Re: [fukuoka_farming] Emelia, and anyone else... A huge pile of good soil???
- Dear Sir,
Thank you all for the work that you share this way.
Please excuse me if I have missed something in the discussion of
your spring plans. New to the group, I have much to learn of the soil
and of the protocol here in the ether. May I ask if you have requested
the management entity, which plans to burn the pile, if instead they
would donate to an organic garden project. Do you have a contact by
name through whom you have learned of the burn plan? Might the cleaner
air prospect of moving rather than burning sway someone in a position to
authorize road building equipment to shove the stuff to your land, maybe
even into a long berm at the property line? Might you propose that the
locality offer road building leftovers to nearby interested landholders
as a cooperative clean air and wildlife habitat initiative? If you
offer a proposal to the proper department to document your results, you
may even get a funding source to experiment further with the multiple
uses of such post construction heaps. A small one-time grant could
cover your costs in preparing a win-win report, film for before & after
photos, and maybe a chipper rental.
I fling out all these questions because our small not-for-profit
cooperative school asked for and now receive truckloads of rough chip
for our half city block of park / playground, formerly mostly steep hill
up to an alley. The chip comes from the heavy equipment that trims
around city power lines. The company is happy to have a taker, and to
show a community service project. The chip winters down considerably.
We shaped quite a bit by wheelbarrow to build a 30-meter-long wall berm
of raised gardens that safely separates the playground from the alley.
Another few loads made a retaining wall that hosts and is held by
decorative plants; it extends the plateau for a shade gazebo over a
couple of picnic tables. We built natural climbing features to avoid
big garish plastic playground products; one of ours is a grass hill
"castle" with stone threshold and accents donated from the scrap pile of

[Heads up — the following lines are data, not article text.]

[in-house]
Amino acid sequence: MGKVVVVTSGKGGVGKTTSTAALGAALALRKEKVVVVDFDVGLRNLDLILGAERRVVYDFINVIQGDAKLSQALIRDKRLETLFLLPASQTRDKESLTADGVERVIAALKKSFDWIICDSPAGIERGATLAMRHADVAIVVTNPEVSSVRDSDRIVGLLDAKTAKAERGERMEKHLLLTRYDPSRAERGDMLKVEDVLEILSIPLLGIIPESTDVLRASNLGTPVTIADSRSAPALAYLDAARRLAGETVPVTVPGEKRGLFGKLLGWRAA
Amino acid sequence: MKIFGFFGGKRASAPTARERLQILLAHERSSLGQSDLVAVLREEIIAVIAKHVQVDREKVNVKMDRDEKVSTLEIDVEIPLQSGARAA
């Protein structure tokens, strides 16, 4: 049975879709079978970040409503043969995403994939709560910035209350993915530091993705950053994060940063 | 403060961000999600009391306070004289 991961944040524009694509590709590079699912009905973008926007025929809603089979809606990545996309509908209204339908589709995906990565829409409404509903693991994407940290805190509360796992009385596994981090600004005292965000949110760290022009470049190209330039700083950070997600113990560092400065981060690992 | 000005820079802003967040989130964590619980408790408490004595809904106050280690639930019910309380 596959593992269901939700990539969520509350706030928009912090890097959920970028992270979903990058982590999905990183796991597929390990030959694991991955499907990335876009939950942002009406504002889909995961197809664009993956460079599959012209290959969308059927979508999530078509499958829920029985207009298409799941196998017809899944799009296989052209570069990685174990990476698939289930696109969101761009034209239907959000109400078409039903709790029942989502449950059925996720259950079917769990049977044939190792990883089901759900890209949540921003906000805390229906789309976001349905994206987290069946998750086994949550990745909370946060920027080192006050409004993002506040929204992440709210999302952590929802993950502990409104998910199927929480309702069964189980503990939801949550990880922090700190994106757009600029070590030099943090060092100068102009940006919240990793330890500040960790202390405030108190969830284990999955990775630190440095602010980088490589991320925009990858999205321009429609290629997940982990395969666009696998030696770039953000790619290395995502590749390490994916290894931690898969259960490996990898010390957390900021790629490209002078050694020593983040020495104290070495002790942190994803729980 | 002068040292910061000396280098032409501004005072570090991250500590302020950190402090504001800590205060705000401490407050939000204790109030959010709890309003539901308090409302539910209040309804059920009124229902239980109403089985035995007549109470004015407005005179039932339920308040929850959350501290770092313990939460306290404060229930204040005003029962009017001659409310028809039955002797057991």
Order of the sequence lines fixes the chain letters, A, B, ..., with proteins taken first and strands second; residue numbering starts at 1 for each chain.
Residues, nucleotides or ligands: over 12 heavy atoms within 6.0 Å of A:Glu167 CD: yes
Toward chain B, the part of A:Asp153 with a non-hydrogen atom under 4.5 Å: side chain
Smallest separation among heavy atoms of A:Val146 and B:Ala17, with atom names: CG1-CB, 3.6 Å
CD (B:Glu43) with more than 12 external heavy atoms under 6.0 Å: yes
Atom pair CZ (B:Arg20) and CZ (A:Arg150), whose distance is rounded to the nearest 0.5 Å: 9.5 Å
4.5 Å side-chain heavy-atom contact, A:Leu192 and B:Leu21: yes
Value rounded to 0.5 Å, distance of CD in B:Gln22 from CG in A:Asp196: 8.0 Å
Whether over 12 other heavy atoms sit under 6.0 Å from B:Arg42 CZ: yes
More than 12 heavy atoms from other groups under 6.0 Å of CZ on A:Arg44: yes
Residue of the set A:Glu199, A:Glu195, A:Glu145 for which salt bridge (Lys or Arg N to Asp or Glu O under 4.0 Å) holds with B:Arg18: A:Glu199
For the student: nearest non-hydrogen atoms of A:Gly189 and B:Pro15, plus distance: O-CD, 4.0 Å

the local industry, a grave monument engraver by the neighborhood
cemetery. Several loads of chip made a small grassed "lounging hill"
behind the park entrance sculpture. Plans for this season's chip loads
include more terrace "destinations" with specimen plants and a raised
crescent stage to be grassed. Outline with big wood, back fill, plant
in dirt trenches throughout the chip shape. The Department of
Recreation & Parks here in Richmond, Virginia agrees not to use
chemicals on this site because of our school next door. Our designs
must accommodate the size of their equipment, shaped with soft rounding,
earth-ramped so they can mow the terrace step berms & across the
crescent (not the garden berms), as required by the city. This
digression to our park detail is to suggest one range of projects that a
locality might buy into. Show your fine work. Best of luck to you.
roberto pokachinni wrote:
> I have a few questions as spring hits me full in theADVERTISEMENT
> face here in Northern Canada. The roadbuilders messed
> up when they built the road to my land, and in the
> approval process, they had to lengthen it, and make a
> new cul de sac. In the process, they un-earthed a
> huge pile of soil, that was once a lot of shrubbery,
> and stump debris from the original clearing of my
> meadow/woodland. The pile also contains a lot of grey
> clay from the ditch. Is grey clay usefull for
> seedballs? Should I make an effort, and go to the
> expense to get a large machine in to haul this soil
> into the property, as it is now on a government road
> right of way, but nobody would mind, or notice if it
> happened to move a few hundred meters into my garden
> area, or would this have more of a negative impact on
> my already fertile garden area's biological integrity?
> Would a one time disruption of this nature, be so
> negative, when you consider the benefits of that much
> organic biomass? Besides the clay, another
> unfortunate addition to the soil is yet another huge
> pile of debris, on top of the soil. this is mostly
> stumps, small trees, and rotten logs. I have spent
> two days dismantling the pile as best as I safely
> could, hauling as much of the matterial that I could
> extricate from the pile onto my property, but, alas,
> the pile stands at least 7 meters tall, and is a
> tangled mass of large stumps, logs, and shrubbery. If
> the excavator machine was still on site, I would have
> him deposit all the woody debris on my property, and
> plant ferns, ivy's, and flowers on it... at this
> point it is schedualed to be burned next month, and we
> all know what that will do to the micro-organisms in
> the soil below it. What am I to do? Should I hire a
> large machine to take care of this mess or just
> concentrate on what I have on the land right now???
> sincerely roberto.
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